projections of the structure onto the modes are written as the coordinates of a
dummy atom. The "beta" or wmain column can be used to store the projection on
the fourth mode. The four modes with the highest eigenvalues are used for
projection (highest: X, 2nd highest: Y, 3rd highest: Z, 4th highest: beta/wmai).
Note that the sign of the projection is arbitrary for that of the mode is also
arbitrary.
The SPIRal keyword can be used to write coordinates respresenting a spiral in
which each atoms is distant from its sequential neighbours by less than 1.62 A
and is more than 2 A away from any other. The projections are written after.
This is to prompt molecular graphics program to render bonds between consecutive
dummy atoms creating a continuous line along the trajectory.

coord-spec ::= { FILE }
{ CARD }
{ PDB [OFFIcial] }


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Optimize normal modes with a Newton-Raphson step

The OPTImize command will perform a one-step Newton-Raphson minimization on the selected modes.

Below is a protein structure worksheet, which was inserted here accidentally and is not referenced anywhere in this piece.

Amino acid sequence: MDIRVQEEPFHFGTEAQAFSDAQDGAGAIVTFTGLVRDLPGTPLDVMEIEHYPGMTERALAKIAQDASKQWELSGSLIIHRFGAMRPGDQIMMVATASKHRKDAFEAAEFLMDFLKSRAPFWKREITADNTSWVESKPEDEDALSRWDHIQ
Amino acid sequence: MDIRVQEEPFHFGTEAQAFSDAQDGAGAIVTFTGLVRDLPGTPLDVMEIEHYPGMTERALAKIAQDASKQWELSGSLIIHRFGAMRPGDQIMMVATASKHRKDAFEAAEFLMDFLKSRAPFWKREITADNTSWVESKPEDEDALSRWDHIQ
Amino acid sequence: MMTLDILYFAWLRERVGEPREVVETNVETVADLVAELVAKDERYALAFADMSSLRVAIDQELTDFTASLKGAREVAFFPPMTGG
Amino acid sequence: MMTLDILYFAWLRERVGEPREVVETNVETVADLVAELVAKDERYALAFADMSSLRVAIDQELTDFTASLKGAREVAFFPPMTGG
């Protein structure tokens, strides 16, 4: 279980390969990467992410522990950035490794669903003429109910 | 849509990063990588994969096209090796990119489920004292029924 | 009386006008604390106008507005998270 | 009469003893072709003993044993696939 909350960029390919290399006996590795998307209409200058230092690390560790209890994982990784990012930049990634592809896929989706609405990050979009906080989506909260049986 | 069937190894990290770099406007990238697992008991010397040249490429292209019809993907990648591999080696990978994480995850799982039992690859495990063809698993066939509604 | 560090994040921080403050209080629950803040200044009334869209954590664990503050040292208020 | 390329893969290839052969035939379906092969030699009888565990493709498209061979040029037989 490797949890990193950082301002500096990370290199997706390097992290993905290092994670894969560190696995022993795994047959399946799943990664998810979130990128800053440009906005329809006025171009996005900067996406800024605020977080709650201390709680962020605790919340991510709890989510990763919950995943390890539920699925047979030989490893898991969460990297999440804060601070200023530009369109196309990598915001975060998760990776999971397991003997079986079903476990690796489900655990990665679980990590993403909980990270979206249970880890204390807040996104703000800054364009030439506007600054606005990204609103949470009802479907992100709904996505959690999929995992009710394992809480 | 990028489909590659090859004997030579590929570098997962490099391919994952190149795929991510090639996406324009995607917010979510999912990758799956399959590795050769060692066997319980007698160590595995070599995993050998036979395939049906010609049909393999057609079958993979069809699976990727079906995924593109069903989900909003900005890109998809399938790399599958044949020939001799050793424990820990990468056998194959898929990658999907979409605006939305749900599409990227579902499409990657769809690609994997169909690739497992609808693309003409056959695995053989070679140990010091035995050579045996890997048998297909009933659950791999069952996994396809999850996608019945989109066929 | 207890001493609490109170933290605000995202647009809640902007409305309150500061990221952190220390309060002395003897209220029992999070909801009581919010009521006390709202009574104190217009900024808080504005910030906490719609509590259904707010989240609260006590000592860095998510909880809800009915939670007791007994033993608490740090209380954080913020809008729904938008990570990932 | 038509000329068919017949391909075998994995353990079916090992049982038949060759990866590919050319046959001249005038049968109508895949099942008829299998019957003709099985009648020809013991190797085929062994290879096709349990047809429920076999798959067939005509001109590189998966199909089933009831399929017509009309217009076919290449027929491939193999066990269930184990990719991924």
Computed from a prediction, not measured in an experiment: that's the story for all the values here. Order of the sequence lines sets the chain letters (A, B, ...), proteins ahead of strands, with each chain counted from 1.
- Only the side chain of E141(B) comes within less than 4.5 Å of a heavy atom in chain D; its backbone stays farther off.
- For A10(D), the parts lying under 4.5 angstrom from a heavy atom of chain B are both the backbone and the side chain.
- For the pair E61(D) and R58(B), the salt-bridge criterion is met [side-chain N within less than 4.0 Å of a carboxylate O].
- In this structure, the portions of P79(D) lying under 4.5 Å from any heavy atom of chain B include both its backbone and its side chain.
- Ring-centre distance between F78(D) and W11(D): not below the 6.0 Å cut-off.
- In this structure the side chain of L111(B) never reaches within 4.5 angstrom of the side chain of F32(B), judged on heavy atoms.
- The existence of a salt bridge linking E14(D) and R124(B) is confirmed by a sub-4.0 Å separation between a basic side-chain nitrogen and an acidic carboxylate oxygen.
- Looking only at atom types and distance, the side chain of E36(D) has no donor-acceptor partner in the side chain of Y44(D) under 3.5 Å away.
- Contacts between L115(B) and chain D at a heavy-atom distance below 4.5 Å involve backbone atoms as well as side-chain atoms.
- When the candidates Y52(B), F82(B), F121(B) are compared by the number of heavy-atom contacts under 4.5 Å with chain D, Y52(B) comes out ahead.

OPTImize { mode-definition [mode-spec] [magnitude-spec] }
{[BEGIn integer] [STOP integer] [mode-spec] [ENERgy]
[PARAmeters] [CMPN] [TMPR real] [IUNO integer]}

The ENERgy keyword can be used to calculate the enthalpy change and vibrational entropy of the mode. For CBND and CANG mode types for constrained bonds and angles, also the change of the Jacobian contribution associated with the displacement is determined. This is useful for determining the the free energy costs of constraints. If the PARAmeter keyword is specified, OPTI will use Hessians derived from the force field parameters for the CBND and CANG modes instead of the eigenvalues. The CMPN command will use the coordinates in the comparison set. TMPR can be used to specify the temperature for the vibrational entropy. IUNOspecifies the unit to write the energy output of OPTI to (e.g., when analyzing trajectories).

The output contains -DG_CONS (the energy of releasing the constraint), ENERGY CHANGE (the energy difference to the energy minimum), VIBR. ENTROPY (the vibrational entropy of the mode) and JACOBIAN (the Jacobian free energy contribution associated with the displacement of the bond or angle).

Examples:

RAYLEIGH SAVE
OPTImize FORCE FACT 1.0

Uses the RAYLEIGH command to compute the Hessians and then employs the forces from the force array to perform a Newton Raphson minimization step for all nodes.

edit incl cbnd 1 A2 1 A1 orth
edit incl cbnd 1 A3 1 A4 orth
edit incl cang 1 a2 1 a3 1 a4 orth
edit incl cang 1 a3 1 a2 1 a1 orth
OPTImize FORCE FACT 1.0 ENERGY PARA

Defines two constrained bonds and two constrained angles and uses the forces in the force array together with Hessians derived from the force field parameters to approximate the free energy change of releasing the constraints.